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Old 06-10-2019, 10:25 AM   #1
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Nauseous or toxic odors after hooking up to electric in campground

I have a 17 year old Winnebago Adventurer, I'm the original owner, and this weekend I hooked up to electricity and experienced the above. I don't think my charger-converter is working properly, but I have solar power and I've never noticed a problem before. Would a bad converter be causing these headache and odors I'm experiencing. The odor also comes from my solenoid area above my steps and battery area. Right now I'm using battery power, so as not to experience the fumes, but I'm in a full service campground for a week and I'd like to get this fixed as I'm 2000 miles from home. Tucson, Arizona Any suggestions would be appreciated or you can write me direct if you know how to solve this problem. [email protected]
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Old 06-10-2019, 03:45 PM   #2
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Boiling Battery off gassing. Vent the battery area and check to see if a battery is boiling or very hot.
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Old 06-11-2019, 10:08 PM   #3
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Yes, it sounds like an overcharged or shorted battery, rotten egg smell that will choke you. Pull out the voltmeter and check the voltage at the battery with the converter charging. Then if that's OK start up the engine and check the voltage at the chassis and house batteries. I remember the night driving home from Florida in our last DP rig, 500 mile day and within 50 miles of home I smelled it, pulled off the road in the middle of nowhere GA, really, and the house batteries were really almost on fire. I unhooked the dingy and put DW and the dog in, made it 15 miles to an auto parts store and when I got out of the rig the real issue was obvious, the big chassis batteries were almost on fire. Quick check and the alternator internal voltage regulator was fried, putting out 18-20VDC. Both sets of batteries and a new really expensive alternator and some high dollar mechanic work and I got home slightly after dark thirty. It took weeks to vent out the smell, washed everything in the rig. Sometimes it is just a bad converter, sometimes a shorted battery and once in a blue moon - something a tad bit worse.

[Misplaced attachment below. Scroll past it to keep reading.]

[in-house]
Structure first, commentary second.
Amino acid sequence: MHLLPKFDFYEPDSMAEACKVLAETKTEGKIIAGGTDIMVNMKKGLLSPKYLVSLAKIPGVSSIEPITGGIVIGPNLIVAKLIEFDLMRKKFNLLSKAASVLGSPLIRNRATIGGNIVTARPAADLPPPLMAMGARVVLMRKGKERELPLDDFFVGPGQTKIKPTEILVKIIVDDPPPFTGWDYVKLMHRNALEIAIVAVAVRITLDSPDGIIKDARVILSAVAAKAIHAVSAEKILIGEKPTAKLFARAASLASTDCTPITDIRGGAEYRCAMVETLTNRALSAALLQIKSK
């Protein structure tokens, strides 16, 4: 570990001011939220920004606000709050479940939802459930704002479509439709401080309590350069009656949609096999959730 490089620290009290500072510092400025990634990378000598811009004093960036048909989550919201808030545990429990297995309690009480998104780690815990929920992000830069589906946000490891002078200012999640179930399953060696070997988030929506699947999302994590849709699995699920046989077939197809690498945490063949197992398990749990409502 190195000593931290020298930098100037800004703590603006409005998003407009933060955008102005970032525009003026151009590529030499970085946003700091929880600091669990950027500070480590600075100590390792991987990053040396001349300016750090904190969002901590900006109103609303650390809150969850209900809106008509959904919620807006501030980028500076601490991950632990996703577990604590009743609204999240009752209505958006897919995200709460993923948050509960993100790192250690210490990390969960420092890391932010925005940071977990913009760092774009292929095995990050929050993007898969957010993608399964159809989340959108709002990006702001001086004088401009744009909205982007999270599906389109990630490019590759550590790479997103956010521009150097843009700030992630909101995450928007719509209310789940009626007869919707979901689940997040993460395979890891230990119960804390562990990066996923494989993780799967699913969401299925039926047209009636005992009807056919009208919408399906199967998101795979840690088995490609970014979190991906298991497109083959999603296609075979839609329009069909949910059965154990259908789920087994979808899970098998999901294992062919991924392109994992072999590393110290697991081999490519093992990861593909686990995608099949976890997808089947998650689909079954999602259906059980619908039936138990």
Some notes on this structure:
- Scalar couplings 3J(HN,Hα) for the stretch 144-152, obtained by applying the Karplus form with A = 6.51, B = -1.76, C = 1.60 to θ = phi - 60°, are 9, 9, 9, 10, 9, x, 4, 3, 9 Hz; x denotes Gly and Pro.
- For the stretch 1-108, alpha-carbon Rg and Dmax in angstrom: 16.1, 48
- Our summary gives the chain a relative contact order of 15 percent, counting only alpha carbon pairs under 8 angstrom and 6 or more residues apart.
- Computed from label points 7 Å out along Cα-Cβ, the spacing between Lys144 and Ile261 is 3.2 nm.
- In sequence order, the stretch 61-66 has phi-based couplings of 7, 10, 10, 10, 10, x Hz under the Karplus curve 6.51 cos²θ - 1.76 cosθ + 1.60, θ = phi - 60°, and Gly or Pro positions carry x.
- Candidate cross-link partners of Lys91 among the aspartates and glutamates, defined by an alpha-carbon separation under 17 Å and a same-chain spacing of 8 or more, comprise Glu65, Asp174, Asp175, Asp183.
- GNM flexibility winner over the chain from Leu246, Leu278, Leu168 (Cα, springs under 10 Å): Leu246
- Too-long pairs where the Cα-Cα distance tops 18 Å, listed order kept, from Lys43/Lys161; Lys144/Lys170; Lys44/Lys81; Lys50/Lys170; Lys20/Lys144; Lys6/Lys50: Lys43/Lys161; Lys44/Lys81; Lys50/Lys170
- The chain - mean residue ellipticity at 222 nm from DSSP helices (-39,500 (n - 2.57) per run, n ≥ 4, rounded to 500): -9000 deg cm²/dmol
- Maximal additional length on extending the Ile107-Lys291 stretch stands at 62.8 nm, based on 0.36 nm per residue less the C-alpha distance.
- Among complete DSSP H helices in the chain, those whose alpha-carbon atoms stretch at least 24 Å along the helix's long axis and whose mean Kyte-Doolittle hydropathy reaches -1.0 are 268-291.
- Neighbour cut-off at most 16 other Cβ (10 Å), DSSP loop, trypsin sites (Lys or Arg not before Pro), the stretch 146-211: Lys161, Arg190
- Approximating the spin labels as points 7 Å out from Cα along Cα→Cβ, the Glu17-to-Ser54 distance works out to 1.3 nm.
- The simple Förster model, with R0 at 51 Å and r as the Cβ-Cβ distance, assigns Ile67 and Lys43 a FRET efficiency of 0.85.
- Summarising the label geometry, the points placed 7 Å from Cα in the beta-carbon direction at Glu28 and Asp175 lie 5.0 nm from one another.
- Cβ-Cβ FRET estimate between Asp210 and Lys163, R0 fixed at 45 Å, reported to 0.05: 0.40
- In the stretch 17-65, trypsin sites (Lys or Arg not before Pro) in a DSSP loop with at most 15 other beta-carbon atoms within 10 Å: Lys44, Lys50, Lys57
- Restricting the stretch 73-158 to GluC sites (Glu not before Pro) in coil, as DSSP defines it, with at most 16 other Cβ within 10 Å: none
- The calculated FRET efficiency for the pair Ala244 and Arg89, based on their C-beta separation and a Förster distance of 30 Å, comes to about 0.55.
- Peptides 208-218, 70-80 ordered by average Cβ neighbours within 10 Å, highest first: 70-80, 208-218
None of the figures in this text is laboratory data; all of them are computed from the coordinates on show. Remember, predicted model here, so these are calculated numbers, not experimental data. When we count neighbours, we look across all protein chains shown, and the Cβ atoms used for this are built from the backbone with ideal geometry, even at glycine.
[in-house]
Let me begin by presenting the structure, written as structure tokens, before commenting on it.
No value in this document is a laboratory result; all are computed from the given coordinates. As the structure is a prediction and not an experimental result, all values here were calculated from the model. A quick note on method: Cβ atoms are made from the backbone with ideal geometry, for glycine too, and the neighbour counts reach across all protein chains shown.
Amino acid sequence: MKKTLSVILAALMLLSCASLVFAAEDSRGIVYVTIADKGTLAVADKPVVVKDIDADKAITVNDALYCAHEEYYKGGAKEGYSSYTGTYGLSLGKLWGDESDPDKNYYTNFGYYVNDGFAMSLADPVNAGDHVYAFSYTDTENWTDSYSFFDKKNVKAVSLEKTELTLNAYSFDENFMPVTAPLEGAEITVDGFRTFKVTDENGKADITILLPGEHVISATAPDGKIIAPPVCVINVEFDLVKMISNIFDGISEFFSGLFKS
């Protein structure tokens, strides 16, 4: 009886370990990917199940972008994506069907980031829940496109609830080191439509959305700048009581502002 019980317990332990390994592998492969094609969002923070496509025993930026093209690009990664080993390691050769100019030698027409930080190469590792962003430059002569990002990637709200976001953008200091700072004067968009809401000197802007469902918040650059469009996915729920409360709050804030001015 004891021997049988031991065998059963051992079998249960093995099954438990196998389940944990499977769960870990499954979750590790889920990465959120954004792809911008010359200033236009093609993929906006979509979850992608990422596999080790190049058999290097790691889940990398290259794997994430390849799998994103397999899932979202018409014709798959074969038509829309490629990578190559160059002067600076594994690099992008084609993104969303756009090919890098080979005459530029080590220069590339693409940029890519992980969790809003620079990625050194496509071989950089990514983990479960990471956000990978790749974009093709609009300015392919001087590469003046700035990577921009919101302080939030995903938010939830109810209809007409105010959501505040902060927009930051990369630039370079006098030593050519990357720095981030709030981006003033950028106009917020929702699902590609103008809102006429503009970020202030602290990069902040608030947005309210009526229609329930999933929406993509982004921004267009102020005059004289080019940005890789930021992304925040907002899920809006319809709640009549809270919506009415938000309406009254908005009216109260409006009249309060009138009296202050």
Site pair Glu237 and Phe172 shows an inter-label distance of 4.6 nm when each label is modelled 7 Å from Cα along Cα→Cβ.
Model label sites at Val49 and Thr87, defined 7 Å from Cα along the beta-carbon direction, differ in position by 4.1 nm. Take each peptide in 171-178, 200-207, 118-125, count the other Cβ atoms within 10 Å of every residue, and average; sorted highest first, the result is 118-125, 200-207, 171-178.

The bad thing is the idiot gauges only show low charge - never had a hint from the console anything was wrong until the smell - then the tranny went nuts, electrical systems were chiming and dinging all the way to the parts store.
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Old 06-16-2019, 08:04 PM   #4
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Odor

Your converter/charger may be OK. How old are your house batteries? Old batteries can "sulfate" resulting in swelling of the battery plates and shorting. Take a look at them.
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Old 06-16-2019, 10:26 PM   #5